This is a periodic discussion feature here at Snuggly Oranges about the many problems one can run into as a book nerd.
Where I expect spoilers to be lurking:
- Book reviews. Quite obviously, there may be spoilers in reviews. This is one of many reasons why I don’t often read reviews. Especially if it’s a book I’m planning on reading soon, I don’t want to know anything about what happens, so I just don’t read the reviews. But sometimes, I click on a review. And I would still expect there to be either a warning for spoilers or to have them hidden by spoiler tags. Preferably both.
- Goodreads. Goodreads is a site to discuss books, so yeah, I understand you want to talk about plot twists in updates. I would still hope that these would be hidden behind spoiler tags, since that is a feature Goodreads decided to grace us with, but for books I’m planning to read, I’m pretty good at scrolling by updates, recognizing the book cover, and then scrolling quickly away so I don’t read anything.
- Reviews of sequels. I am of the opinion that it is perfectly acceptable to reference events of previous books in the series when reviewing a sequel book. Those spoilers are bound to happen. So I do generally avoid them if I haven’t started the series yet.
- Comments on reviews/Goodreads. Though reviews and posts on Goodreads might be respectful and hide their spoilers, comments are a higher risk. But you’re perfectly at liberty to discuss those plot twists and shocking moments there. I don’t often read the comments, nope.
- Communication around very old books. Doesn’t matter where, but generally spoilers for older releases are acceptable. Within reason.
Where I do NOT appreciate spoilers:
- Twitter. Please. PLEASE. Can we STOP with the spoilers on Twitter? I get it. You’re reading. THIS THING happens. You’re shocked. You need to talk about it. But consider your followers. Twitter is one feed that people scroll through of short messages. There is no way to hide things. People CANNOT avoid your spoilers. Also consider the fact that a message of, “OH MY GOD THE MIDDLE OF ____________” would suffice. People who have read the book know what you’re talking about. And then when they respond, you can take your conversation to DMs, Google chat, Whatsapp, SMS, whatever option you choose. But please. PLEASE. No open spoilers on Twitter. Even in conversations. People in the book blogosphere often follow the same people. These aren’t private conversations. Please consider their feelings.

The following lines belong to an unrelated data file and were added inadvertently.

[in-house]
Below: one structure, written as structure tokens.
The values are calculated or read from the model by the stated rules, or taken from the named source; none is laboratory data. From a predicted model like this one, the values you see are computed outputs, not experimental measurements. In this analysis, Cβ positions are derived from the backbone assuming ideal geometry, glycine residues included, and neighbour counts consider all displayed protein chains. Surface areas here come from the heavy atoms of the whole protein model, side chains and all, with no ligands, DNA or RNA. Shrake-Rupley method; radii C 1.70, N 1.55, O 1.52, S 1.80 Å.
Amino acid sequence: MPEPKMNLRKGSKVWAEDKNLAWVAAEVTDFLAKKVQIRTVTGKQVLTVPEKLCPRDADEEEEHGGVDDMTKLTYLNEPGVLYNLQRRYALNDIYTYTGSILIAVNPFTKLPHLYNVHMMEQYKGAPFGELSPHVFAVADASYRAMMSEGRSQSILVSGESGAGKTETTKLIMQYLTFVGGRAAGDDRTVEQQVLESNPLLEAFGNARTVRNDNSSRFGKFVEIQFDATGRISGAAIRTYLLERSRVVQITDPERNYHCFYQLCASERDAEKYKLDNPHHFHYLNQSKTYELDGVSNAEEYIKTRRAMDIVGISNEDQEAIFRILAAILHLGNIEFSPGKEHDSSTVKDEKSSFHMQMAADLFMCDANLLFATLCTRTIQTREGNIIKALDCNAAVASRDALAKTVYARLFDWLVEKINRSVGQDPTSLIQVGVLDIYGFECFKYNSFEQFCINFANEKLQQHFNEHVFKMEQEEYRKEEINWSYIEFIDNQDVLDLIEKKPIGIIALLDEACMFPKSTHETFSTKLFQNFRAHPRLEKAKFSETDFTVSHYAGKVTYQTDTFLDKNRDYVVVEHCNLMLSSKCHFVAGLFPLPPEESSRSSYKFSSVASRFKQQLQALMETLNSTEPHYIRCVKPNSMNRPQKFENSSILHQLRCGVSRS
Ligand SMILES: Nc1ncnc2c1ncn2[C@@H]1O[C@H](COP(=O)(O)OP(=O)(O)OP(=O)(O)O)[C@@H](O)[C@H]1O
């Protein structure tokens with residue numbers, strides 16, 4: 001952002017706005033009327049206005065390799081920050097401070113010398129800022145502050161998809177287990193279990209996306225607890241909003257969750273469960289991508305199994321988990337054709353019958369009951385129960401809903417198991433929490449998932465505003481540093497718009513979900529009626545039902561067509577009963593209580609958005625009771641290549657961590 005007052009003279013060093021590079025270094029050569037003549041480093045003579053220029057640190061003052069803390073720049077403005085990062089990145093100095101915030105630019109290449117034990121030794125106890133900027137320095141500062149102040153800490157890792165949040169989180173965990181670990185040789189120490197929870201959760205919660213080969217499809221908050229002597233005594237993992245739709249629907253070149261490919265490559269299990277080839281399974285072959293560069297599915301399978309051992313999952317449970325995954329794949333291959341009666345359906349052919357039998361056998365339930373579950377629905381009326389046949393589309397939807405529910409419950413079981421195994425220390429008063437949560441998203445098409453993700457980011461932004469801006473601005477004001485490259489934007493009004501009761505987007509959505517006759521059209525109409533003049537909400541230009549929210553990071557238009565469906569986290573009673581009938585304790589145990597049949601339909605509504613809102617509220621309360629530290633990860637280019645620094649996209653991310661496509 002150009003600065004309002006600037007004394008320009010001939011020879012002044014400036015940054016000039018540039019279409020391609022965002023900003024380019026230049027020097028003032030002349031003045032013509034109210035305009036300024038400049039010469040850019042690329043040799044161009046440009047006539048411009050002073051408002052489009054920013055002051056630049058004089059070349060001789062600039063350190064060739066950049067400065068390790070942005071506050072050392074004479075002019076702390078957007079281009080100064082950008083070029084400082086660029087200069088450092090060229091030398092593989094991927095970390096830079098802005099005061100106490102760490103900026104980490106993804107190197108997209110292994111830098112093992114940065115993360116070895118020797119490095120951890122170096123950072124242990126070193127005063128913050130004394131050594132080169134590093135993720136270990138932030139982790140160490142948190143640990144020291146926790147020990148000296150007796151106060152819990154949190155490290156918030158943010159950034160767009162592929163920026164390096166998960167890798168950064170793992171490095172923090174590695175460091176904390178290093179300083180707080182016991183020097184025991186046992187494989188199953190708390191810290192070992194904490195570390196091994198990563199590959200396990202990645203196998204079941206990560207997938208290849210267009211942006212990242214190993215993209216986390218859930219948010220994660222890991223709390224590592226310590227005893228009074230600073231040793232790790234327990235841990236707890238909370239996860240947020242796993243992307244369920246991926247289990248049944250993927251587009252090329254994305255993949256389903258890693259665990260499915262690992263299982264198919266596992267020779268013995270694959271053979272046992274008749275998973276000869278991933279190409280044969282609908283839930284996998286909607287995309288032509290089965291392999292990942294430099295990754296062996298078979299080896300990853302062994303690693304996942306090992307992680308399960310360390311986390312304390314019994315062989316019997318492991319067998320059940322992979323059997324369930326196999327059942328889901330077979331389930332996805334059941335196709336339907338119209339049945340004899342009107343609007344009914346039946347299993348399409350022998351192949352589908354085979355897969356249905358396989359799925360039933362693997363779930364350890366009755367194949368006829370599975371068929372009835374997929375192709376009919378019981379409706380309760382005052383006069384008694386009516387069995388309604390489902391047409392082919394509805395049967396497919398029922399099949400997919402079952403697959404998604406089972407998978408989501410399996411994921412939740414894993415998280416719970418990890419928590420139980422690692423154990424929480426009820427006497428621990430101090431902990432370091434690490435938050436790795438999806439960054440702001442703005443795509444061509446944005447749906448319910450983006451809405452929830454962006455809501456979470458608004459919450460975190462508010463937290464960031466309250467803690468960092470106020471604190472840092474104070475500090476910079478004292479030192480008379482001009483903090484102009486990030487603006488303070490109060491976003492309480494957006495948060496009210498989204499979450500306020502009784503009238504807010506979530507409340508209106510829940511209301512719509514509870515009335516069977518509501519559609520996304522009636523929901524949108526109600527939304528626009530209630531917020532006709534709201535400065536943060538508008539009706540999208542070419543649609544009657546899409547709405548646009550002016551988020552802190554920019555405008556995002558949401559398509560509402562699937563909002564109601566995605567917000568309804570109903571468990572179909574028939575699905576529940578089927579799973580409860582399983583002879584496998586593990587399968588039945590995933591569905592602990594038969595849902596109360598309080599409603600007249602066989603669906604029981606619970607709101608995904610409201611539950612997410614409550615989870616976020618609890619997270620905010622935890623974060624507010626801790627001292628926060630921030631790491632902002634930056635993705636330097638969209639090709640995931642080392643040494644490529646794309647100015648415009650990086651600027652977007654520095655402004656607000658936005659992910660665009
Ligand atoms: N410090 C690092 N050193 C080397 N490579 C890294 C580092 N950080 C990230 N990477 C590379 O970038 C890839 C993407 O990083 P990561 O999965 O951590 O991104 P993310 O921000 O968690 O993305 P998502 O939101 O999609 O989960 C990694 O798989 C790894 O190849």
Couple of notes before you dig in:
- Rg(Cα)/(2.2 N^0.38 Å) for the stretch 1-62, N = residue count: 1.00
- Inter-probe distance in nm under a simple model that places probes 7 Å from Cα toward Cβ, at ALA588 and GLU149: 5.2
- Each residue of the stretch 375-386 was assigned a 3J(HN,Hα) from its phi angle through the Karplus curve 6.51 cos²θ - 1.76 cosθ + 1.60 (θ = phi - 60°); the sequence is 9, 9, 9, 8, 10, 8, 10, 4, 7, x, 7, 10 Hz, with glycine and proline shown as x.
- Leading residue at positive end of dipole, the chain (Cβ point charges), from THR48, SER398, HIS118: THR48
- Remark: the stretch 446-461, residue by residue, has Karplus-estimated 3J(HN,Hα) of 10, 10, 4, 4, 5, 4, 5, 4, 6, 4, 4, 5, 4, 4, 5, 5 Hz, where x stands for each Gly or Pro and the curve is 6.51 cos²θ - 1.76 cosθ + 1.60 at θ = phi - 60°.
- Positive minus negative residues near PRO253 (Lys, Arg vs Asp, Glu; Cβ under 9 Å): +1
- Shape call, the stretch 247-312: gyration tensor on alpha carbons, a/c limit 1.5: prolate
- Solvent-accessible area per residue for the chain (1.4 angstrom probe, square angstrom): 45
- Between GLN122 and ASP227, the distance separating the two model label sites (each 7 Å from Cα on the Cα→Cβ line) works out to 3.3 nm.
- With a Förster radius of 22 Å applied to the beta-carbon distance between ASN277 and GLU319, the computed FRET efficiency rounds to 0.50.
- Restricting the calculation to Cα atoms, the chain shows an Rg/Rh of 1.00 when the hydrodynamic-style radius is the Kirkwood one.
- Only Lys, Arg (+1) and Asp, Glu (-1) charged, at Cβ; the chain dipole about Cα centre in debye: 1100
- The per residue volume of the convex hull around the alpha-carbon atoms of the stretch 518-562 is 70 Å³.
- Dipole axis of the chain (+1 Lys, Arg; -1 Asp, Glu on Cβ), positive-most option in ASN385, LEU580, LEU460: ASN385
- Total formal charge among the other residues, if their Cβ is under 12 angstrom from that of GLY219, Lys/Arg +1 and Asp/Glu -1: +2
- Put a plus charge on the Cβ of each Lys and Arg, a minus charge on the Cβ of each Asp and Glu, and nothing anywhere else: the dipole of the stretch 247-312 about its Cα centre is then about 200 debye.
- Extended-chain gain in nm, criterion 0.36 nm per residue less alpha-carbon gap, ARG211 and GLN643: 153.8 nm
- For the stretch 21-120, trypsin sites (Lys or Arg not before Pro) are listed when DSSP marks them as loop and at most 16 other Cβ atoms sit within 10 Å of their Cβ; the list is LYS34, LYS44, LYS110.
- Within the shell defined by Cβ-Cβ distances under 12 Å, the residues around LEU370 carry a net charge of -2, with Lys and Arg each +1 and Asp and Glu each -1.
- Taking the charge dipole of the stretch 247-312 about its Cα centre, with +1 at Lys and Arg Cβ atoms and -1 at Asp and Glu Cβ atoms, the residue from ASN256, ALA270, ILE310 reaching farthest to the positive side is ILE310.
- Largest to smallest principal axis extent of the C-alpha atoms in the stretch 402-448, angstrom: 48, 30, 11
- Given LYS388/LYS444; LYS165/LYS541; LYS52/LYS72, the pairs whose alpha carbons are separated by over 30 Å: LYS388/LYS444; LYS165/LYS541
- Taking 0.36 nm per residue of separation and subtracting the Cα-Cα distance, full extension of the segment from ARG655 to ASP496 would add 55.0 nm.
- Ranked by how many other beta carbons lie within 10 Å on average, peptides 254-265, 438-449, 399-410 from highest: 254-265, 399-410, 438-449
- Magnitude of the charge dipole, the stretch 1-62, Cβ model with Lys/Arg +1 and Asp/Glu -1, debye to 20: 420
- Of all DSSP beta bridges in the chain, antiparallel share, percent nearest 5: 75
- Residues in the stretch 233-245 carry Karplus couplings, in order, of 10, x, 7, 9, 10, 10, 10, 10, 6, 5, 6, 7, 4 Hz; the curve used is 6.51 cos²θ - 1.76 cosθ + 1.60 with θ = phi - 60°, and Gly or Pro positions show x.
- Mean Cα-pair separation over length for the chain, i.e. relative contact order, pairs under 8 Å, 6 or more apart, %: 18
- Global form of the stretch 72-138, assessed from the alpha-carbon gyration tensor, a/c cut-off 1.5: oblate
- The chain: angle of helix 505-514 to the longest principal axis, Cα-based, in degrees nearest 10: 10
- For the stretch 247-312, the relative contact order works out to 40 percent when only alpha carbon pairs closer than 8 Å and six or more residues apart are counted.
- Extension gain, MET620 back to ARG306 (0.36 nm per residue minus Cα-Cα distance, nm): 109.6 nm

P.S. The same goes for TV series – this is not just for books. TV series spoilers seriously piss people off and could be avoided.
P.P.S. Please also keep this in mind if you have Goodreads linked to your Twitter account.
- Top Ten Tuesdays. I just have to mention this, since that’s where I got spoiled today. Look, I get that the topic of “Books That Make You Cry” can involve some pretty spoilery things – but again, people who’ve read it probably know what you’re talking about. So what’s so bad about saying “OBVIOUS TEARS FOR OBVIOUS REASONS”? I just got spoiled about a certain character death in a series that I was still in the process of reading. I can’t even. No. Even if you think you’re being vague enough in your comment, reread it – twice – three times. Don’t just think about people who haven’t read the series yet, but also those who have started and are still in the process. Odds are they know the characters and could see through your vagueness. Just… consider that.
A Spoiler Horror Story
That is one fucking dickhead move. Come on. I wasn’t even reading the reviews, but CAPITAL LETTERS? There was no way I could avoid reading that snippet while I was scrolling. I promptly unfriended this person because I do not need such disrespectful behavior on my Goodreads.
What spoilers do to me:
THAT’S THE PROBLEM. I REALLY CAN’T.
Not only that, but being spoiled takes the fun out of reading those books, if I ever do get around to it. I don’t have the same emotional involvement. I know what happens. That character dies? Well, I’m not going to let myself get attached to them. By the time the shocking twist happens, I am not shocked. I am not stunned. I am not outraged. I am accepting. Because it’s a fact of the book. I knew it was coming. I cannot disagree with it. I can easily, even, be bored.
Measures I am taking:
First of all, get yourself off of Twitter, and over to Tweetdeck. Tweetdeck is much more awesome anyway. But in the settings you can mute text content (including annoying hashtags like #GetGlue and even, dare I say it, #TeaTime), meaning you won’t see tweets with that text. At the moment, my mute list includes such useful entries as “Allegiant” and “Ignite Me”.